From Fr. Morrow's Newsletter, Christmas 2007
A Small Picture History of my Trip to Uganda
Fr. Morrow said:
I took so many many pictures in my latest trip to Uganda that I couldn't possibly show them all here. I had a lot of difficult deciding what to show you, and have left out many that I would have like to put in, but I hope you enjoy what we have managed to put together.
The Picture on the left was taken whilst we were planning the itinery
of my visit, and right is a picture of myself with the Pro-Life
seems to be
bananas (left) - of which they grow four kinds. One of them
when boiled acts as their equivalent of mashed potatoes. They
also grow other crops notably maize as you can see in the picture
on the right.
Hygiene, as we know, is very important, but I
wonder how many of my readers would like
to use the bathing facilities pictured left?
Right is a
This is another
crop, and a very
Water is not so much scarce as difficult to collect
and keep. There is a shortage of reservoirs.
picture (right) a woman is getting water from a
muddy stream. A more efficient collection of water
(left) is in a tank, which channels the rain from
the adapted hut roof. A thin metal 'hat' is put over
the roof and the water runs off into the tank.
Various water projects are under construction or in
place, with funding coming from all sorts of
Right is a splendid
waterfall on the
Nile river, near
Lake Albert. On
the shores of the
lake people dry
fish so that they
can take it to
market and sell
They are very resourceful people. The people of
Wobulenzi wanted a church and so they built one
themselves, bit by bit. First they built the walls and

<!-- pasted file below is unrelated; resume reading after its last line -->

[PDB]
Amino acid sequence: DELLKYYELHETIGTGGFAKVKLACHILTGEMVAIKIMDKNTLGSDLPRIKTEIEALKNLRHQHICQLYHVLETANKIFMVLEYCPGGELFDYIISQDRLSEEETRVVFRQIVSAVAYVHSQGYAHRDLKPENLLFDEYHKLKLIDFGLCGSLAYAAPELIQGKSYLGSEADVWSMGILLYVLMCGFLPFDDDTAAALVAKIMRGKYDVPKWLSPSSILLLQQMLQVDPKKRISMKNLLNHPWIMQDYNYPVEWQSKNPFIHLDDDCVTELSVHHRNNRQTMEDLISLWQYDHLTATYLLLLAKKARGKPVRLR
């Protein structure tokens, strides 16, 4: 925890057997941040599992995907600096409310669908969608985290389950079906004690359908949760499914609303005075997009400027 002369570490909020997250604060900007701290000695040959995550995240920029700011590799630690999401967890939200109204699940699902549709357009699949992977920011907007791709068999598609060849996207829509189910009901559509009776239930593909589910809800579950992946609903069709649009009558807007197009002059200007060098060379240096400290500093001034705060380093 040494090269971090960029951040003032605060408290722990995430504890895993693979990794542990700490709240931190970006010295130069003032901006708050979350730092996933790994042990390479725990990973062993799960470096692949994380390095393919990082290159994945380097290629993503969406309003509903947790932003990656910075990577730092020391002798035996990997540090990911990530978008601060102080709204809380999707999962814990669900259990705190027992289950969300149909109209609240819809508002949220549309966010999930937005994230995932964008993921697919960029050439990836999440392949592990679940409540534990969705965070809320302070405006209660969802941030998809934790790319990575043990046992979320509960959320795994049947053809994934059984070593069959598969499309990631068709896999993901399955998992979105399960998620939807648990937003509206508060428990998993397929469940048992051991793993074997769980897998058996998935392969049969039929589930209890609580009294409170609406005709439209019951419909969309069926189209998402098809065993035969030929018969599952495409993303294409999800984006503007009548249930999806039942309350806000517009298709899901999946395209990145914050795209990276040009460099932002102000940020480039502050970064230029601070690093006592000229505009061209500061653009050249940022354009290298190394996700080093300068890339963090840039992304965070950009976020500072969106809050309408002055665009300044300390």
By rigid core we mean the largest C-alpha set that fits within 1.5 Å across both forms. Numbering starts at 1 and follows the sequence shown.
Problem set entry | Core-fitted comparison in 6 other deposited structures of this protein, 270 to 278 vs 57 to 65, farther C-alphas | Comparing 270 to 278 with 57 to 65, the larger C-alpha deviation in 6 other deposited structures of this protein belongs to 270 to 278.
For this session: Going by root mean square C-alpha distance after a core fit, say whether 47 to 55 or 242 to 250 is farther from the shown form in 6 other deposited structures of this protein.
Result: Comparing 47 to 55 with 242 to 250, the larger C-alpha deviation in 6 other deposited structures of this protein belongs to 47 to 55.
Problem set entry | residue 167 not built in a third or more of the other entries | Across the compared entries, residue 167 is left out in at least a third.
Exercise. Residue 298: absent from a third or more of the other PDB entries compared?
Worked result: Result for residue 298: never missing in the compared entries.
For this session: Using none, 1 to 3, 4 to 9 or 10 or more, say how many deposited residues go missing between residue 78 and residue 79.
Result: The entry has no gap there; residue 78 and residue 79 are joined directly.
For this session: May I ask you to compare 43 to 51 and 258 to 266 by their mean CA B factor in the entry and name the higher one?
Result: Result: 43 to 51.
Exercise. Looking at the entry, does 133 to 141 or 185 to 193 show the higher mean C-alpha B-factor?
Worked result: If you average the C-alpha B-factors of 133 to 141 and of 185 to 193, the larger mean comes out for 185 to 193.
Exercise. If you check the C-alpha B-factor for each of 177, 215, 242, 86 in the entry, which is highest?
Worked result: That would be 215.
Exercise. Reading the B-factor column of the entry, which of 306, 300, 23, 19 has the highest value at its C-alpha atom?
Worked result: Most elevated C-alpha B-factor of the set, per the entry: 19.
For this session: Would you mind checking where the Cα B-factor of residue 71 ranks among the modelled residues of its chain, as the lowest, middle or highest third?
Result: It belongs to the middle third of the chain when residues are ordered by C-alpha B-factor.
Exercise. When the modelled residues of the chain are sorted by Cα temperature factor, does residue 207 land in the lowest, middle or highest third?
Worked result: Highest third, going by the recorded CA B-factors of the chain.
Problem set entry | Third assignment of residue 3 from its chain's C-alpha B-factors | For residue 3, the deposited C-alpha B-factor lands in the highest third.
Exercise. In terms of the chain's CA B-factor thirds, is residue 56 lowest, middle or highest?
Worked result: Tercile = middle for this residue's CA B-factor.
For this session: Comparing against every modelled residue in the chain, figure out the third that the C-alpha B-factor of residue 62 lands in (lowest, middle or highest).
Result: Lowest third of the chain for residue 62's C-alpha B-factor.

then they put in a floor, and a roof. They have so far
managed to get a front door and some of the
windows but only poor furnishings. Eventually they
will get a sanctuary and the inside walls plastered,
but the important thing is that now they can have
The babboon (left) was sitting at the side of the
road enjoying what was probably someone else's
On the right you can see just one of the many
dances and celebrations that the people of Uganda
put on for me.
Children are still considered a blessing in Uganda
and twins are a double blessing.
This, not so little, family lives in one of the huts in
the village, pictured below. Despite their poverty
they welcome the twins with open arms.
Interestingly, the tabernacle at the Foyer de Charite of Murro (right) is
shaped like a traditional cottage.
Father Aloysius Mugisa, the chaplain of the Foyer de
Charite, took me to meet Bishop Deogratias of Hoima.
(right) Please note that the Foyer has a motor cycle but no
motor car although welcoming up to 60 retreatants and
staff. Instead Fr. Aloysius gets provisions by telephone
and hails a taxi-minibus to ferry the goods to Murro.
The Foyer de Charite puts on regular six-day
retreats. This is a picture of myself with the
people who run it. Unfortunately I did not
have time to stay there for six days, but I
enjoyed their hospitality several time during
my stay in Uganda.
The music and local language were pleasing
to hear and the people very devout.
Bishop Deogratias has invited me to come
back for the month of June to preach around
his huge diocese
One of the schools in his diocese, St.
Andrews, has a mission statement which I'm
sure you will all appreciate
Continued on Page 2
If you would like to donate to the Uganda projects please go to the Donate page, and when you make your donation type Uganda in the message box.